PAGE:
A chart of The BofA Merrill Lynch US High Yield CCC or Below Effective Yield, with an effective yield of 9.21%:

(click on chart to enlarge image)(chart updated as of 4-10-13)

BAMLH0A3HYCEY_4-10-13 9.21 Percent

The BofA Merrill Lynch High Yield CCC or Below Option-Adjusted Spread (OAS)

An excerpt from the FRED description of The BofA Merrill Lynch High Yield CCC or Below Option-Adjusted Spread (OAS):

This data represents the Option-Adjusted Spread (OAS) of the BofA Merrill Lynch US Corporate C Index, a subset of the BofA Merrill Lynch US High Yield Master II Index tracking the performance of US dollar denominated below investment grade rated corporate debt publically issued in the US domestic market. This subset includes all securities with a given investment grade rating CCC or below.

A chart of The BofA Merrill Lynch High Yield CCC or Below Option-Adjusted Spread (OAS), with a value of 8.41 percent:

(click on chart to enlarge image)(chart updated as of 4-10-13)

BAMLH0A3HYC_4-10-13 8.41 percent

 

_____

The Special Note summarizes my overall thoughts about our economic situation

SPX at 1592.27 as this post is written

Corporate Bond Yields And OASs

I often write about interest rates and related topics as my analyses indicates that the overall bond market is an exceedingly large asset bubble.

The characteristics and price levels of corporate bonds is highly noteworthy.

For reference purposes, here are two bond indices and their FRED charts, as well as depictions of their spreads (as seen in OASs) :

The BofA Merrill Lynch US Corporate Master Index

An excerpt from the FRED description of the BofA Merrill Lynch US Corporate Master Index :

This data represents the effective yield of the BofA Merrill Lynch US Corporate Master Index, which tracks the performance of US dollar denominated investment grade rated corporate debt publically issued in the US domestic market.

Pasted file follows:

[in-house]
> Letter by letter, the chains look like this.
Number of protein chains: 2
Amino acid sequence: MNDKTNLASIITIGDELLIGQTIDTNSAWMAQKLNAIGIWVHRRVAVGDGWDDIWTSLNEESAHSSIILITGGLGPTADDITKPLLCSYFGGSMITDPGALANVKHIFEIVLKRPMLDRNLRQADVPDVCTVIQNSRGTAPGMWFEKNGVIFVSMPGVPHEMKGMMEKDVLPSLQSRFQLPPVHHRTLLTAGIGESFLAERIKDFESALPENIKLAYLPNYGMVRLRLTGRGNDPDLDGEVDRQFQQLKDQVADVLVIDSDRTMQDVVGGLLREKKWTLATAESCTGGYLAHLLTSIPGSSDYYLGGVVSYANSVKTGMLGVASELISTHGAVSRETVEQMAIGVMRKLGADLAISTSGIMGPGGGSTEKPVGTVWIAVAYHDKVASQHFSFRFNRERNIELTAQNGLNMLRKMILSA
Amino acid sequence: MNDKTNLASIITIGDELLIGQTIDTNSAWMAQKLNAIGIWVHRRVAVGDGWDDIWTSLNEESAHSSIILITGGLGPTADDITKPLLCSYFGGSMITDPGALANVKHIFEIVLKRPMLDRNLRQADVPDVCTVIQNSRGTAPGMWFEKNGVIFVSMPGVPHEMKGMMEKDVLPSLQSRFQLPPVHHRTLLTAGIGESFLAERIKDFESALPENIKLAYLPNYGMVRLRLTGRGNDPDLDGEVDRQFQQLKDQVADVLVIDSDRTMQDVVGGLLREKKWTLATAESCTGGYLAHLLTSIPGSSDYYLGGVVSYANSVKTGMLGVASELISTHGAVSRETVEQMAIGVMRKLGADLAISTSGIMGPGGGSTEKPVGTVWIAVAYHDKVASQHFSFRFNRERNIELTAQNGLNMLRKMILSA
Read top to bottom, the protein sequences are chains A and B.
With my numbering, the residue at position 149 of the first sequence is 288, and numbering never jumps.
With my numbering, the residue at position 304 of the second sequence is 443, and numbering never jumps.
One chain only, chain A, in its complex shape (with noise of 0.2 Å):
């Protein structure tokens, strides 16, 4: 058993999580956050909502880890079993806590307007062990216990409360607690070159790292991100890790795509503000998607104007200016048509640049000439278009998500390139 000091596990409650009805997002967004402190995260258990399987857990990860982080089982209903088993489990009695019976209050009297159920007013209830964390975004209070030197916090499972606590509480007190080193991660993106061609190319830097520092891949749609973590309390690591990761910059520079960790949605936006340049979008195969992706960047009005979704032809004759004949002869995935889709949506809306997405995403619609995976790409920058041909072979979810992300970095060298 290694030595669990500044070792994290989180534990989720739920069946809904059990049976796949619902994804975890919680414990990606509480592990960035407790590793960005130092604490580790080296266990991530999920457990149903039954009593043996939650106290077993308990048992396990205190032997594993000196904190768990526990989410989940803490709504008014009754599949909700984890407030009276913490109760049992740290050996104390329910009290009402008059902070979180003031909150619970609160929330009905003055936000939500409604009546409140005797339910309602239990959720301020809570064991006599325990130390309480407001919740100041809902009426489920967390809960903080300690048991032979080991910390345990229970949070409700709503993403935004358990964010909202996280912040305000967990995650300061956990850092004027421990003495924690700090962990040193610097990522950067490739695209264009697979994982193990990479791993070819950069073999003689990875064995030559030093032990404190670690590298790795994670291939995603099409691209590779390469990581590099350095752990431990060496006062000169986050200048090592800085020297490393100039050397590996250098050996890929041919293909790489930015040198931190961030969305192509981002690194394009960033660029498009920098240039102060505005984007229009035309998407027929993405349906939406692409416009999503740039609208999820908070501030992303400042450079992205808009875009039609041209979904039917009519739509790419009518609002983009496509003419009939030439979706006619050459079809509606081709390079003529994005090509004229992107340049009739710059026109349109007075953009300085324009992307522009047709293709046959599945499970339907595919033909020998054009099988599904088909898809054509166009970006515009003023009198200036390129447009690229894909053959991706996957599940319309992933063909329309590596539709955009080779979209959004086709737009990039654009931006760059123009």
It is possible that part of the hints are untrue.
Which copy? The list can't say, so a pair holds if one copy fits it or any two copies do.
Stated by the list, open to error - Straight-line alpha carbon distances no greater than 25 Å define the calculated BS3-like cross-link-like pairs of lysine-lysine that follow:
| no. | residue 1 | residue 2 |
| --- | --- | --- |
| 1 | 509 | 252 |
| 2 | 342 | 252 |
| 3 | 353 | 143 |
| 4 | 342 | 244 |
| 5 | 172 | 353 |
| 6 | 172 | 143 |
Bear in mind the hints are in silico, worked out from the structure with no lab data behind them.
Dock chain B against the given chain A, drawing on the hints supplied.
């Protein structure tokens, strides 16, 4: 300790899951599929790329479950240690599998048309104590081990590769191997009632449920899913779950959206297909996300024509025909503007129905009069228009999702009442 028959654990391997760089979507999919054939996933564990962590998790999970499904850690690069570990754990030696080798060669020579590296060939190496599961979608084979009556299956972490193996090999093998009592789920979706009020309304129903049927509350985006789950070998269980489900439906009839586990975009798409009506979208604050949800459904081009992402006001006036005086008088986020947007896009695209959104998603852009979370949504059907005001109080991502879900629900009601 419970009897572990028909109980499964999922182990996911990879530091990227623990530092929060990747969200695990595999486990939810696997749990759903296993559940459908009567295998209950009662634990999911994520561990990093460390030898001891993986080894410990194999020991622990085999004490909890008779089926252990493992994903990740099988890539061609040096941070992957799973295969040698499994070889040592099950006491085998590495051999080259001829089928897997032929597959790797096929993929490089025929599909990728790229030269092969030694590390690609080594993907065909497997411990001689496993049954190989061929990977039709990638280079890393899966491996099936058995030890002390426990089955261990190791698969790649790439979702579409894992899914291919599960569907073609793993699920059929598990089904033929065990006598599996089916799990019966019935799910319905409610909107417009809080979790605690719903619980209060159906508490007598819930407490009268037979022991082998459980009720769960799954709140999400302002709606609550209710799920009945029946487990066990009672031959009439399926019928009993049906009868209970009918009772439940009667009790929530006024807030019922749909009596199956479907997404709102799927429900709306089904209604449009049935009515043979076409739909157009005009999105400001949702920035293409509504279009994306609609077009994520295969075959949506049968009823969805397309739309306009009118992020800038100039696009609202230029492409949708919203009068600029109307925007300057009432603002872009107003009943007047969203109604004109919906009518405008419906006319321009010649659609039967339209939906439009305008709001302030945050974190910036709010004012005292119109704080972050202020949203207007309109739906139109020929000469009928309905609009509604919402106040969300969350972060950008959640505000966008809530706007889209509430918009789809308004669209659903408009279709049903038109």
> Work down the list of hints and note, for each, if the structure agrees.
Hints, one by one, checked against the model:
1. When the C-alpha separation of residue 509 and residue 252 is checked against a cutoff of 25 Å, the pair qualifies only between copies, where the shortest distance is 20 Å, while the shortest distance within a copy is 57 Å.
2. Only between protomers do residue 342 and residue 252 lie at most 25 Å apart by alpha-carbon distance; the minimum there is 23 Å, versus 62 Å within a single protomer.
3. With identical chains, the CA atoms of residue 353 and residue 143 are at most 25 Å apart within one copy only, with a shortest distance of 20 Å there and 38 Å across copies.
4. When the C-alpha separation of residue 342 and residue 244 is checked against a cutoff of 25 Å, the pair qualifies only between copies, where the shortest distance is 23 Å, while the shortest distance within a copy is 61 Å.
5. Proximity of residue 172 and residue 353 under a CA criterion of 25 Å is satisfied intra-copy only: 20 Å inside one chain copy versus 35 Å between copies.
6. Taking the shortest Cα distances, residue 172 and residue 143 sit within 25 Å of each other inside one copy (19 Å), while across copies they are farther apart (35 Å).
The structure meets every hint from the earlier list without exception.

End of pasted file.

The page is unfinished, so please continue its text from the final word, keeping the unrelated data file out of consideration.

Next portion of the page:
A chart of the BofA Merrill Lynch US Corporate Master Index,  with an effective yield of 2.86%:

(click on chart to enlarge images)(chart updated as of 3-14-13)

BofA Merrill Lynch US Corporate Master Effective Yield 3-14-13 2.86 percent

The BofA Merrill Lynch US Corporate Master Index Option-Adjusted Spread (OAS)

An excerpt from the FRED description of the BofA Merrill Lynch US Corporate Master Index Option-Adjusted Spread (OAS):

The BofA Merrill Lynch Option-Adjusted Spreads (OASs) are the calculated spreads between a computed OAS index of all bonds in a given rating category and a spot Treasury curve. An OAS index is constructed using each constituent bond’s OAS, weighted by market capitalization. The Corporate Master OAS uses an index of bonds that are considered investment grade (those rated BBB or better).

A chart of The BofA Merrill Lynch US Corporate Master Index Option-Adjusted Spread (OAS), with a value of 1.45%:

(click on chart to enlarge image)(chart updated as of 3-14-13)

BofA Merrill Lynch US Corporate Master OAS 3-14-13 1.45 percent

The BofA Merrill Lynch US High Yield Master II Index

An excerpt from the FRED description of the BofA Merrill Lynch US High Yield Master II Index:

This data represents the effective yield of the BofA Merrill Lynch US High Yield Master II Index, which tracks the performance of US dollar denominated below investment grade rated corporate debt publically issued in the US domestic market.

A chart of The BofA Merrill Lynch US High Yield Master II Index, with an effective yield of 5.92%:

(click on chart to enlarge image)(chart updated as of 3-13-13)

BofA US Corporate Master II Effective Yield 3-13-13 5.92 percent

The BofA Merrill Lynch High Yield Master II Option-Adjusted Spread (OAS)

An excerpt from the FRED description of the BofA Merrill Lynch High Yield Master II Option-Adjusted Spread (OAS) :

The BofA Merrill Lynch Option-Adjusted Spreads (OASs) are the calculated spreads between a computed OAS index of all bonds in a given rating category and a spot Treasury curve. An OAS index is constructed using each constituent bond’s OAS, weighted by market capitalization. The BofA Merrill Lynch High Yield Master II OAS uses an index of bonds that are below investment grade (those rated BB or below).

A chart of the BofA Merrill Lynch High Yield Master II Option-Adjusted Spread (OAS), with a value of 4.75 percent:

(click on chart to enlarge image)(chart updated as of 3-13-13)

BofA US Corporate Master II OAS 3-13-13 4.75 percent

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The Special Note summarizes my overall thoughts about our economic situation

SPX at 1559.31 as this post is written

The Bond Bubble – February 2013 Update

In previous posts I have discussed the Bond Bubble and its many facets.

Since my last post on the Bond Bubble (the July 25, 2012 post titled “The Bond Bubble – July 2012 Update“) yields of various Treasury maturities have started to increase.